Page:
Expanded Guidelines on Programming Style and Documentation

Programming style deals with the appearance of your program. If you were to write an entire program on one line, it would compile and run properly, but doing this would be bad programming style because the program would be hard to read. Documentation consists of explanatory remarks and comments for the program. Programming style and documentation are as important as coding. Good programming style and appropriate documentation reduce the chance of errors and make programs easy to read. This handout provides more detailed guidelines on programming style and documentation that supplements the brief guidelines presented in Chapter 2, "Primitive Data Types and Operations." First, here is a sample code:

 * Class: CSCI1301-03 Introduction to Programming Principles
 * Instructor: Y. Daniel Liang
 * Description: (Give a brief description for Exercise 1)
 * Due: 1/18/2001
 * @author John F. Smith
 * @version 1.0
public class Exercise1 {
  /**Main method*/
  public static void main(String[] args) {
    double radius;
    double area;

    // Prompt the user to enter radius
    System.out.print("Enter radius: ");
    radius = MyInput.readDouble();

    // Compute area
    area = radius * radius * 3.14159;

    // Display results
    System.out.println("The area for the circle of radius " +
      radius + " is " + area);

Appropriate Comments and Comment Styles

Include a summary at the beginning of the program to explain what the program does, its key features, its supporting data structures, and any unique techniques it uses. In a long program, you should also include comments to introduce each major step and to explain anything that is difficult to read. It is important to make your comments concise so that you do not crowd the program or make it difficult to read.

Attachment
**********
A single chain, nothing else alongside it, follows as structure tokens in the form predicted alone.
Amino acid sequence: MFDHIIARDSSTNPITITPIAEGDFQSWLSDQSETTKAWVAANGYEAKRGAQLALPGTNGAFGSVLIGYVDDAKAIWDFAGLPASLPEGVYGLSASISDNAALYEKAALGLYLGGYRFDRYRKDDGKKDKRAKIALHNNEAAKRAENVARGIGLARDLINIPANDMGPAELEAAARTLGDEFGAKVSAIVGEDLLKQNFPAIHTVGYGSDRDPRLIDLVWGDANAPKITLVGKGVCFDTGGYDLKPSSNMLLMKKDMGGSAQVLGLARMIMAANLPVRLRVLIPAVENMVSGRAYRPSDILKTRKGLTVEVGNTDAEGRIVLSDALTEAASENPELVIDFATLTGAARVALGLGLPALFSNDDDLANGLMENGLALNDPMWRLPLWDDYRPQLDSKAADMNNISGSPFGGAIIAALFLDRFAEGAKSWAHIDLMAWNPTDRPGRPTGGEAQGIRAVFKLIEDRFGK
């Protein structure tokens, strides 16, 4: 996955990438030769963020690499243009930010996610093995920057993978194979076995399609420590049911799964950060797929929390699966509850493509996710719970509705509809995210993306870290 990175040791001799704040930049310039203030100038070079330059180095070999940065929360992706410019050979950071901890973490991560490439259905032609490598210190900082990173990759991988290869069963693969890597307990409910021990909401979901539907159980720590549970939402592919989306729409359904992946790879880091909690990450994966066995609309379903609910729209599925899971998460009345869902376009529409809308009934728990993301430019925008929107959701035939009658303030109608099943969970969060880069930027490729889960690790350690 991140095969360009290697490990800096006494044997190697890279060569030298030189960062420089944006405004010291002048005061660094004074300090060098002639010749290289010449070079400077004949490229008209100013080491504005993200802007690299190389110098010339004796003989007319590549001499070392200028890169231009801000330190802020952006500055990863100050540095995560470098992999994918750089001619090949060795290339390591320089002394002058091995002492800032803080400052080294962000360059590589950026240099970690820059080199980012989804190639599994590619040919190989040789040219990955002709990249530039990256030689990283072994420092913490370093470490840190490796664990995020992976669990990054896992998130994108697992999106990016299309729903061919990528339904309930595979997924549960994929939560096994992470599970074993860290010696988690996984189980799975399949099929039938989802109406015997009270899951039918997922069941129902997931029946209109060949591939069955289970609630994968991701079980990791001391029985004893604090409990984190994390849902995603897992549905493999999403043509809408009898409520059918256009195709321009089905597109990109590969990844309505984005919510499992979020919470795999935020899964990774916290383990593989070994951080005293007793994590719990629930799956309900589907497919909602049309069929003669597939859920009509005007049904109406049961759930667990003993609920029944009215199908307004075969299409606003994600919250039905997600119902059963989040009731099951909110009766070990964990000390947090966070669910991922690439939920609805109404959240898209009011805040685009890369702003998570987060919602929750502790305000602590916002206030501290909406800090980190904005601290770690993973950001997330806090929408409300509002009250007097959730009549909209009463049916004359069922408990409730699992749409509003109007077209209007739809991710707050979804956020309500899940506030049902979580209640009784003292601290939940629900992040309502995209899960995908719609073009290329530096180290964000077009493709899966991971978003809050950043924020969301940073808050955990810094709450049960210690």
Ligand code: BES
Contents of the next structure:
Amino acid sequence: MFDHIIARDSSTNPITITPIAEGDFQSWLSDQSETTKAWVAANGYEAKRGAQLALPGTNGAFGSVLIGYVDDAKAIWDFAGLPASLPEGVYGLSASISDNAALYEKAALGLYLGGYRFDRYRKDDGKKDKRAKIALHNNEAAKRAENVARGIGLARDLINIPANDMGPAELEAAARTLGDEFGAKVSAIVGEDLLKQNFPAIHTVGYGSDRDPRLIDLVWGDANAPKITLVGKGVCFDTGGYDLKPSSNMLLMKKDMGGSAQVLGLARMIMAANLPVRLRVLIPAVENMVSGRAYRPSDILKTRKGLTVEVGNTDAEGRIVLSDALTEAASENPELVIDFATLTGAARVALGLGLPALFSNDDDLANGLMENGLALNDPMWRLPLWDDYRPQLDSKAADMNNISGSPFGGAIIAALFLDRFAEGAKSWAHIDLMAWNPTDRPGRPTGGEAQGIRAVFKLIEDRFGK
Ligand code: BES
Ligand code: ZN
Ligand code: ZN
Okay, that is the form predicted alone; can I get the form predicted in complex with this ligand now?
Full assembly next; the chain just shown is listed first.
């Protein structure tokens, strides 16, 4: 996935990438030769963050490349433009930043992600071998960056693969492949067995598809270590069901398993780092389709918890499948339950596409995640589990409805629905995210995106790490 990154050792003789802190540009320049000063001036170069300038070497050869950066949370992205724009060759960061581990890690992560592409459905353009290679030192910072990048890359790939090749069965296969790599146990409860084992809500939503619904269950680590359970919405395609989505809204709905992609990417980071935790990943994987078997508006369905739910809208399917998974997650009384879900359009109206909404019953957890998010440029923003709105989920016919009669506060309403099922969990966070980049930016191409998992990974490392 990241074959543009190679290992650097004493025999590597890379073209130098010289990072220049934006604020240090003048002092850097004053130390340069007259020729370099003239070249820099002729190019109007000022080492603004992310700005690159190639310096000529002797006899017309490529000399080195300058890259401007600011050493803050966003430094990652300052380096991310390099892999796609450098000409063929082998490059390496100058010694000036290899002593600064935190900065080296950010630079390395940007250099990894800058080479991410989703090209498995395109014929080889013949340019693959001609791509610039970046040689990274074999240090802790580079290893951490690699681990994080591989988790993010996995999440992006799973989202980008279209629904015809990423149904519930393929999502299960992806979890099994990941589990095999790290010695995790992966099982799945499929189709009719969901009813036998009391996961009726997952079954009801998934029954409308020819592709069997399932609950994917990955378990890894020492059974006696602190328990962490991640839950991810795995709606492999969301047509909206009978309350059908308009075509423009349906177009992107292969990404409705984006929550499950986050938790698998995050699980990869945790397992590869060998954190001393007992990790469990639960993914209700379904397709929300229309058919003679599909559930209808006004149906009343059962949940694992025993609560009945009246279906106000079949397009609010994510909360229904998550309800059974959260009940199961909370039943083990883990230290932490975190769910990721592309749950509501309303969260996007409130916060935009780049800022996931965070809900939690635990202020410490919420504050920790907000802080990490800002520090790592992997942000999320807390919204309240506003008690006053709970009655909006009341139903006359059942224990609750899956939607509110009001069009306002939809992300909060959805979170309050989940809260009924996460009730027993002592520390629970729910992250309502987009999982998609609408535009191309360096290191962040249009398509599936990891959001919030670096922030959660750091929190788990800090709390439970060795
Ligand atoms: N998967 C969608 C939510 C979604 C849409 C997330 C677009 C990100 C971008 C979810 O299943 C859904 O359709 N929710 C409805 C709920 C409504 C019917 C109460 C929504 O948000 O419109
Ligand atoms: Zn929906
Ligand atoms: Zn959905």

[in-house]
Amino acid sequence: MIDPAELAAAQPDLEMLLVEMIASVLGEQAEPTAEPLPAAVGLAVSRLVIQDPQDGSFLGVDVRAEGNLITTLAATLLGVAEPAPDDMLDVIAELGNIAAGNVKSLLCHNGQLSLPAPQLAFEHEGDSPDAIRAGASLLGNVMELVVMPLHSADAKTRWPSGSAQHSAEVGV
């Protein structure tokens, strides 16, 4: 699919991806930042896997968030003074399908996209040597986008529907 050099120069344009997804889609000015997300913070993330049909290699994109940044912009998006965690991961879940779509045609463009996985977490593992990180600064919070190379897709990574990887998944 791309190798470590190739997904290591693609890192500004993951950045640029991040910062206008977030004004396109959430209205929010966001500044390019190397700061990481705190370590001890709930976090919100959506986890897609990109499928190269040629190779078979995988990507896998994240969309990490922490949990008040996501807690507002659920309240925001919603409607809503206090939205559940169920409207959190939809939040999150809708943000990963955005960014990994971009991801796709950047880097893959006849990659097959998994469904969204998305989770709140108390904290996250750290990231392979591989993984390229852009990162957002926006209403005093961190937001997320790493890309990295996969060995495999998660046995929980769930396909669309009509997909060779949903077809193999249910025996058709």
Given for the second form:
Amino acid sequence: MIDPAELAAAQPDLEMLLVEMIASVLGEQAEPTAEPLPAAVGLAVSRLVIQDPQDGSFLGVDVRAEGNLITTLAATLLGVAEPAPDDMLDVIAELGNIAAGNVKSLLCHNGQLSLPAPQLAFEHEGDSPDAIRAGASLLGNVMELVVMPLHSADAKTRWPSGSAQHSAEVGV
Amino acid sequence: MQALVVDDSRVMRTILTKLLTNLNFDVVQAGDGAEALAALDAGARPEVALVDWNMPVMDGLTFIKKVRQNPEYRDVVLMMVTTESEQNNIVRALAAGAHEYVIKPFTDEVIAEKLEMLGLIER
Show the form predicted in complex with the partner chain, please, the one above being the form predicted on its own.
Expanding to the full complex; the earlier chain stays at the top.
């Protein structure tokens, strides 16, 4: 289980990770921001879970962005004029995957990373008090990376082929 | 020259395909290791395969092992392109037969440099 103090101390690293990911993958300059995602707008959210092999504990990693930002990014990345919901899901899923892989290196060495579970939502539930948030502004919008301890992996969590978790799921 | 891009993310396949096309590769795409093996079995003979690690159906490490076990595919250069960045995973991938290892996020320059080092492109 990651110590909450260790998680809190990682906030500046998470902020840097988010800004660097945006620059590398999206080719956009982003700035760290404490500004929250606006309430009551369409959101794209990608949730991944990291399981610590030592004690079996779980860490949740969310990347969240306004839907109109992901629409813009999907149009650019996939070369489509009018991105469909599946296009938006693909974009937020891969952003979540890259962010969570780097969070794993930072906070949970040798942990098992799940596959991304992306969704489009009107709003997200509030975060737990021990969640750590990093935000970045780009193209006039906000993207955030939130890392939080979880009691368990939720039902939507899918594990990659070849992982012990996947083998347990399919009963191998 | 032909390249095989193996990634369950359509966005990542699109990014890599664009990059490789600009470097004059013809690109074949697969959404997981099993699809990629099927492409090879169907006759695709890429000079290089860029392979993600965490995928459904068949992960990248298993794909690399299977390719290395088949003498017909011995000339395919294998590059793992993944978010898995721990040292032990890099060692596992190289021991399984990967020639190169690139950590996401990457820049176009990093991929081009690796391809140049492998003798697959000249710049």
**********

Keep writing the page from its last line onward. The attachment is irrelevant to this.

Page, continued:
Use the javadoc comments (/** ... */) for commenting an entire class and an entire method. These comments must precede just before the class or the method header and they can be extracted in a javadoc HTML file. For commenting the steps inside a method, use line comments (//). For information on javadoc comments, see http://java.sun.com/j2se/javadoc/. 

JB4 TIP: Use Ctrl+/ as a line comment toggle. Ctrl+/ adds comment tags (//) to the line of code the cursor is on or removes existing comment tags. Highlight blocks of code and use Ctrl+/ to comment or remove existing comments on an entire block.

Naming Conventions

Make sure that the meanings of the descriptive names you choose for variables, constants, classes, and methods are straightforward. Names are case-sensitive. Listed below are the conventions for naming variables, methods, classes, and packages.

       For variables and methods, always use lowercase. If the name consists of several words, concatenate them into one, making the first word lowercase and capitalizing the first letter of each subsequent word in the name; for example, the variables radius and area and the method readDouble.

       For class names, capitalize the first letter of each word in the name; for example, the class name ComputeArea.

       All letters in constants should be capitalized, and underscores should be used between words; for example, the constant PI and constant MAX_VALUE.

       Use singulars for variables representing single items such as student and count. Use plurals for arrays or collections. For example,

      Student[] students = new Student[4]; and Count[] counts = new Count[10];